Nexteer Automotive workers report arbitrary firings, harassment

By Shannon Jones
11 April 2016

Workers at the Nexteer Automotive steering components plant in Saginaw, Michigan report widespread harassment and intimidation by management, abetted by the United Auto Workers (UAW), in the wake of their contract battle last year.

More than three months after the UAW shoved through a sellout contract many workers say they still have not received a copy of the agreement. In addition, workers report they have discovered that the contract contains concessions that were not disclosed by the UAW at the time of the ratification vote.

Nexteer workers at the plant gate

For example, under terms of the new agreement, workers who are laid off no longer get supplemental unemployment benefits that make up a portion of lost wages not covered by state unemployment benefits.

A Nexteer worker who asked not to be identified because of the danger of victimization told the WSWS Autoworker Newsletter, “They have just stopped our third shift for assembly and put them all on first and second. My department, which always works seven days a week, was notified [that there would be] no more overtime except for a few people.”

The worker noted, “None of the UAW contract agreement is being followed. We also just learned since [the] contract was settled they took away our free life insurance policy and our sub pay. None of this was disclosed to us previously and we still have not received our copy of the contract. Nobody knows what’s really in it.”

Some 3,350 workers are employed at the Nexteer complex in Saginaw, which was originally owned by General Motors before being spun off to Delphi in 1999. After the Delphi bankruptcy the company was reacquired by GM in 2010 and then sold to Chinese investors from Pacific Century Motors.

Shortly after the UAW barely pushed concessionary agreements past 140,000 workers at Fiat Chrysler, GM and Ford, workers at Nexteer rejected a UAW proposal by 97.5 percent on December 6, 2015. Following the rejection vote the UAW called a strike, but sent workers back to work after less than 24 hours.

The UAW then called a second vote on the basis of a new agreement that was largely patterned after the previously rejected contract. The deal maintained the two-tier wage system, under which new hires start at just $13 per hour, and imposed an inferior health care plan. The agreement also enumerated a long list of infractions for which workers could be disciplined.

The UAW used blatant intimidation tactics to secure ratification of the deal, telling workers that the plant would close if they voted ‘no.’ Despite this, 39 percent of the workers still rejected it.

Once the contract was settled, Nexteer reported record 2015 earnings. Revenue was up 12.8 percent to $3.36 billion and gross profit increased 29.7 percent to $545 million.

The four-year agreements the UAW reached at Fiat Chrysler, GM and Ford retained the hated two-tier wage and benefit system while providing a miniscule increase for senior workers. The contract also sanctioned the outsourcing of jobs.

The consequences of this betrayal are already evident with Fiat Chrysler’s announcement it is ending small car production in the US and laying off 1,420 workers in the Detroit area.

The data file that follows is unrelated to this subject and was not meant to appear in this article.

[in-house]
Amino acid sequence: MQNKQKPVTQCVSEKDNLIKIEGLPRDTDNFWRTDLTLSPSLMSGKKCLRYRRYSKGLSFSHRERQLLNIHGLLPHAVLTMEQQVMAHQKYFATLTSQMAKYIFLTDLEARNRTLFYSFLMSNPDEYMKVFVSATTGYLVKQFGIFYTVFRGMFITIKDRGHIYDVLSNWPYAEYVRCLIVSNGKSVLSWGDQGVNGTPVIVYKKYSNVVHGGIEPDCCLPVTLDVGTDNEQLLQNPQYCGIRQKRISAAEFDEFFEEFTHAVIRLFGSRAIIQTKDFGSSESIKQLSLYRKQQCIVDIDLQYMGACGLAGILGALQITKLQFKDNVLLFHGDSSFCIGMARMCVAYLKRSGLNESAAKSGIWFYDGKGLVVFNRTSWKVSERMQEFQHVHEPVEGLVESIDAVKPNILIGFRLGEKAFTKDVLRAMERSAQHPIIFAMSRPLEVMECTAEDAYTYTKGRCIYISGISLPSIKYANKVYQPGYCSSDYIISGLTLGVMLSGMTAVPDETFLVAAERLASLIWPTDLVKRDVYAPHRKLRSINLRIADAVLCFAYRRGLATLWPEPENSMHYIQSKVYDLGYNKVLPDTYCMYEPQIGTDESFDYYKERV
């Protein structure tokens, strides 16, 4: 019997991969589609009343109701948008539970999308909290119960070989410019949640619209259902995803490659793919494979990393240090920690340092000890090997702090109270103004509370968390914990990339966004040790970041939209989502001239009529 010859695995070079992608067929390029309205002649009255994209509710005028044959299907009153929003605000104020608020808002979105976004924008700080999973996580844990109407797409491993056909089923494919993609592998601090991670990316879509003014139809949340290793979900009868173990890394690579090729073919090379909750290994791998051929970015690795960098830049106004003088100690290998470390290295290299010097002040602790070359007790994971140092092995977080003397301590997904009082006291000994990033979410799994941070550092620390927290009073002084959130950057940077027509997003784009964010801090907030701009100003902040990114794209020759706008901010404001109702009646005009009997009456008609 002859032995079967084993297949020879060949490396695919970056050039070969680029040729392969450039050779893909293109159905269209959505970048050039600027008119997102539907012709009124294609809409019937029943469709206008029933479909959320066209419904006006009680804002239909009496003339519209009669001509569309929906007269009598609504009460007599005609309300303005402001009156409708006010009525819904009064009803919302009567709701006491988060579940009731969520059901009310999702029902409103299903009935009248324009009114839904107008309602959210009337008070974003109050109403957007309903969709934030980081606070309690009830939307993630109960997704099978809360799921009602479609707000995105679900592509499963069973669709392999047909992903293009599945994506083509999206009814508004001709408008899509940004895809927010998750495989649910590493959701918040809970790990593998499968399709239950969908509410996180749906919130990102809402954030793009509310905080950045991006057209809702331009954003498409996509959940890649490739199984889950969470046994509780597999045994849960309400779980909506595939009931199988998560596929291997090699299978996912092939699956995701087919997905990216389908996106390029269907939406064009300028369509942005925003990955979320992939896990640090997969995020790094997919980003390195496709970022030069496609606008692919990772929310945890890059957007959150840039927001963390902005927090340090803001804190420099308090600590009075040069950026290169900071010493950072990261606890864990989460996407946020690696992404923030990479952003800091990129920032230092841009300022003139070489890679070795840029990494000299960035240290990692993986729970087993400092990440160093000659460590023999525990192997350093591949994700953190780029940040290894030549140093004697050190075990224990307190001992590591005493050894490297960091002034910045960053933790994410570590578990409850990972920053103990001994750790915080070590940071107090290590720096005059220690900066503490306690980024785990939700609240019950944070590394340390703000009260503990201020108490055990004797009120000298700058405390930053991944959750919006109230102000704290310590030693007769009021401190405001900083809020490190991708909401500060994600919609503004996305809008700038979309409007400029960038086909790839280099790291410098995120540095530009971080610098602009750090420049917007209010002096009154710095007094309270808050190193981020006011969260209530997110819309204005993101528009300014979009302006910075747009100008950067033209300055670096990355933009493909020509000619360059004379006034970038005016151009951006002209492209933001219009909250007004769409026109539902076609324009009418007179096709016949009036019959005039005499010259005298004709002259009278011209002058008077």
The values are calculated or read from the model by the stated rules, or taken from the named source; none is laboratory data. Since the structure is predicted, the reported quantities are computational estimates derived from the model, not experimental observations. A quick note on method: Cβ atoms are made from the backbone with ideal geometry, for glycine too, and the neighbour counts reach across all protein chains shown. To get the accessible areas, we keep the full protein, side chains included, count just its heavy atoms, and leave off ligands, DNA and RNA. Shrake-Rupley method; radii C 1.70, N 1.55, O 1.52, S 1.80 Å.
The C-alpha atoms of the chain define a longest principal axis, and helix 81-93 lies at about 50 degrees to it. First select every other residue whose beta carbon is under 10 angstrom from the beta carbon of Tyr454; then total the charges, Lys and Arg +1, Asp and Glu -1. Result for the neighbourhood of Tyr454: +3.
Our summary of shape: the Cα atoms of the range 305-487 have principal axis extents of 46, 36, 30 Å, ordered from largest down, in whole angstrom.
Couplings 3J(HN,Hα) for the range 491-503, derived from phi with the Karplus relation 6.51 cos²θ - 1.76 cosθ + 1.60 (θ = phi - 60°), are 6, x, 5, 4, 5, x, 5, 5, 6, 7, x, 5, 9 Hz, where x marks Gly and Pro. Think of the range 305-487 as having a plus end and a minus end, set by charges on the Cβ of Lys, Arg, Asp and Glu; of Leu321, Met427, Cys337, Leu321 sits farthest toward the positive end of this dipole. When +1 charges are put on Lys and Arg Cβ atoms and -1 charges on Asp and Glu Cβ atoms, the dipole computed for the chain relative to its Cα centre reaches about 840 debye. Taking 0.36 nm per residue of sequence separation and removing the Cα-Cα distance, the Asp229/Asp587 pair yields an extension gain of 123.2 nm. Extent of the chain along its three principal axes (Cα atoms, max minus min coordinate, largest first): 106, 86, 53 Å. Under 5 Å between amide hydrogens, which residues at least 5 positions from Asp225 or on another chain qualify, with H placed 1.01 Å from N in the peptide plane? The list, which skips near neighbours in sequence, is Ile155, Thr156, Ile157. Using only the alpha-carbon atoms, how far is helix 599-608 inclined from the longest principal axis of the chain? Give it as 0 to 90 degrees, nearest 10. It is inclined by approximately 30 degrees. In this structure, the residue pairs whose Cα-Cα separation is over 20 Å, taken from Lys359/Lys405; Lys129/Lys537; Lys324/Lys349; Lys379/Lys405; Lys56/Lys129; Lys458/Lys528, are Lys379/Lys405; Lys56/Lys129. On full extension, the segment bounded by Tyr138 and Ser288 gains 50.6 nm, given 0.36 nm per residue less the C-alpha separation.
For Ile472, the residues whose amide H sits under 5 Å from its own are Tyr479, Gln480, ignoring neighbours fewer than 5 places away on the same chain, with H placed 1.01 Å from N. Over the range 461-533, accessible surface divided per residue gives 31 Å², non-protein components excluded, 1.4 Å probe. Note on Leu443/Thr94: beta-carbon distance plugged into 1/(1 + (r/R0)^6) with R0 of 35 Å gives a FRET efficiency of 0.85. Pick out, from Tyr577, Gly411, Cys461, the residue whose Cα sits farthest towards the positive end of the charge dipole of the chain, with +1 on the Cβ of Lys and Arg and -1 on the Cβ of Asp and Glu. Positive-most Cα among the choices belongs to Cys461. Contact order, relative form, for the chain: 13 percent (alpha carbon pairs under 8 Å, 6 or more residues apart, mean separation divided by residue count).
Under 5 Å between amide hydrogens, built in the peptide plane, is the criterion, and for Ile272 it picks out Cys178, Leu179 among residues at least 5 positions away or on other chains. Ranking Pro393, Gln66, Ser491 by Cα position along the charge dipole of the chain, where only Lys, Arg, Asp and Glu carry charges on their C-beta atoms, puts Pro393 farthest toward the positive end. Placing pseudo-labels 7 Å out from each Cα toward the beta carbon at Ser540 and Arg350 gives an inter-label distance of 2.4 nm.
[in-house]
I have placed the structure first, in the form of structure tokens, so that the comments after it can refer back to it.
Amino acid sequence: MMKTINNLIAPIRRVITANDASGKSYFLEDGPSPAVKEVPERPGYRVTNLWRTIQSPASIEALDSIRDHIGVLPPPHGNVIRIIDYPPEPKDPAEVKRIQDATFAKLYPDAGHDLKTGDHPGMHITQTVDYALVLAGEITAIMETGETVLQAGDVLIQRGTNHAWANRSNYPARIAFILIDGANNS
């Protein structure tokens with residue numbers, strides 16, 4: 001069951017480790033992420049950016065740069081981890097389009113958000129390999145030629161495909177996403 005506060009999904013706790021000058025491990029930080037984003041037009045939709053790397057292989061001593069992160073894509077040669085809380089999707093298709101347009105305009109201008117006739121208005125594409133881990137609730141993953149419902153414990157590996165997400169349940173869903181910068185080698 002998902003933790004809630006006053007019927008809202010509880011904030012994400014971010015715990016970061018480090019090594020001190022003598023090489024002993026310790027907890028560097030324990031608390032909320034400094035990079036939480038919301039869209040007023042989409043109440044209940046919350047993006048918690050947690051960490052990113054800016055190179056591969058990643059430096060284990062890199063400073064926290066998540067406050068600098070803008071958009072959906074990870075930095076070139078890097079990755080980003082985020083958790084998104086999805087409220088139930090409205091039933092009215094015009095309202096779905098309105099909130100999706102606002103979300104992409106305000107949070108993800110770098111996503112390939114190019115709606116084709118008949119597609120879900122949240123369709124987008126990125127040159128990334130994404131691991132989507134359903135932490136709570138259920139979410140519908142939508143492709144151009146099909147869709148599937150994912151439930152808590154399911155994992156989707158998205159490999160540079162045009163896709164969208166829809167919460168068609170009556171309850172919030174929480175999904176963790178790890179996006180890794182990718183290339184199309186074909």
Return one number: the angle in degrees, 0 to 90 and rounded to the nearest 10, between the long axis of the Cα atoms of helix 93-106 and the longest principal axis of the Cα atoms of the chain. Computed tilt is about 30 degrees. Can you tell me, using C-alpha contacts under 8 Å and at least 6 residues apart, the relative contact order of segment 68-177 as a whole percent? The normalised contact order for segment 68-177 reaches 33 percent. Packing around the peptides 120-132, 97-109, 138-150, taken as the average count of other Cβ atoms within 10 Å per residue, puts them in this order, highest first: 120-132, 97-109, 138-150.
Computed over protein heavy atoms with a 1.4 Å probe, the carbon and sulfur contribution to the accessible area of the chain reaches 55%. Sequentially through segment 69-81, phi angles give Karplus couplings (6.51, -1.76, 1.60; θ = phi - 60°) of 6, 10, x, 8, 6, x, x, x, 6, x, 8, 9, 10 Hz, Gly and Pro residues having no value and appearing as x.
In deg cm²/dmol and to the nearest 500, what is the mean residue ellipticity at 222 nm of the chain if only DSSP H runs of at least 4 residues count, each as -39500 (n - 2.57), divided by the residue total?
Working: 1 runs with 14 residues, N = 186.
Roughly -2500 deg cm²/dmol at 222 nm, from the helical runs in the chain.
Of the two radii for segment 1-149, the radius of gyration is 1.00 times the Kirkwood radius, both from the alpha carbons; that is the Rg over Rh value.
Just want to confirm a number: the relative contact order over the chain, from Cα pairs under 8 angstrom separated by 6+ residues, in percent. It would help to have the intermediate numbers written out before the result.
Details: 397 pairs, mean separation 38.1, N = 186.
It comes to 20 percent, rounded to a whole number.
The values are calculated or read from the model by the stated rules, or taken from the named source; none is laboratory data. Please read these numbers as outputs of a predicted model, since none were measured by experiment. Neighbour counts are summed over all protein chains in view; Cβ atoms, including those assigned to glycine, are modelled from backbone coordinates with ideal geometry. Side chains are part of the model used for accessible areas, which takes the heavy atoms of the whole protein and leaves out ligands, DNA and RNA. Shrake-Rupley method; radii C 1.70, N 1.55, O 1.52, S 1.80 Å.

It is now clear that the contract voted on by Nexteer workers was not a complete document. “Every few days they will send out a letter with new things they have come up with. For example, if you now come into the plant on your day off you get three points,” a worker with 10 years at Nexteer told the WSWS Autoworker Newsletter.

“There is a lot of crazy stuff going on. People are being fired and written up. The UAW is not even trying to get them back.”

The worker said many workers were losing their jobs due to the point system established by Nexteer, where workers accumulate marks against their work record for certain infractions. “There are a lot of people out now,” the worker said. “It is mostly for points. If you come back a minute late from break they will give you points. You basically have to cover yourself.

“They don’t care if you’ve worked your butt off 12 hours a day, seven days a week, if you wake up late one day, you are fired. Then they put the point sheets up on the bulletin board so everyone can tell. There is no privacy.”

Another veteran Nexteer worker told the WSWS she had still not received a copy of the UAW-Nexteer agreement. “They keep on saying it is not finished,” she said. She reported that workers were only now finding out about certain changes to the contract.

“Some of the stuff people voted on they are taking back. They told us attendance would roll over to next year. Now they are saying it does not. We were supposed to have Martin Luther King Day off, but they turned it into a rotating holiday. You can’t use it during the week or you won’t get time-and-a-half for working Saturday.

“The company is doing whatever they want and the UAW lets them. You have to come to work and be quiet. If you are six minutes late they will give you three points, the same as if you missed a whole day.

“You have to know what is going on, or you could lose your job. Last month, they hired 100 people. That was in part to replace those that they had fired.

“A lot of people have been quitting who are fed up with the changes. The atmosphere has changed. The supervisors are constantly nit-picking with people. They will write you up for anything.”

She expressed particular anger at the role of the UAW. “You never see a UAW committeeperson. If you call them, they never come back and tell you what is going on with your issue. You have to hound them down. They are not fighting for you.”

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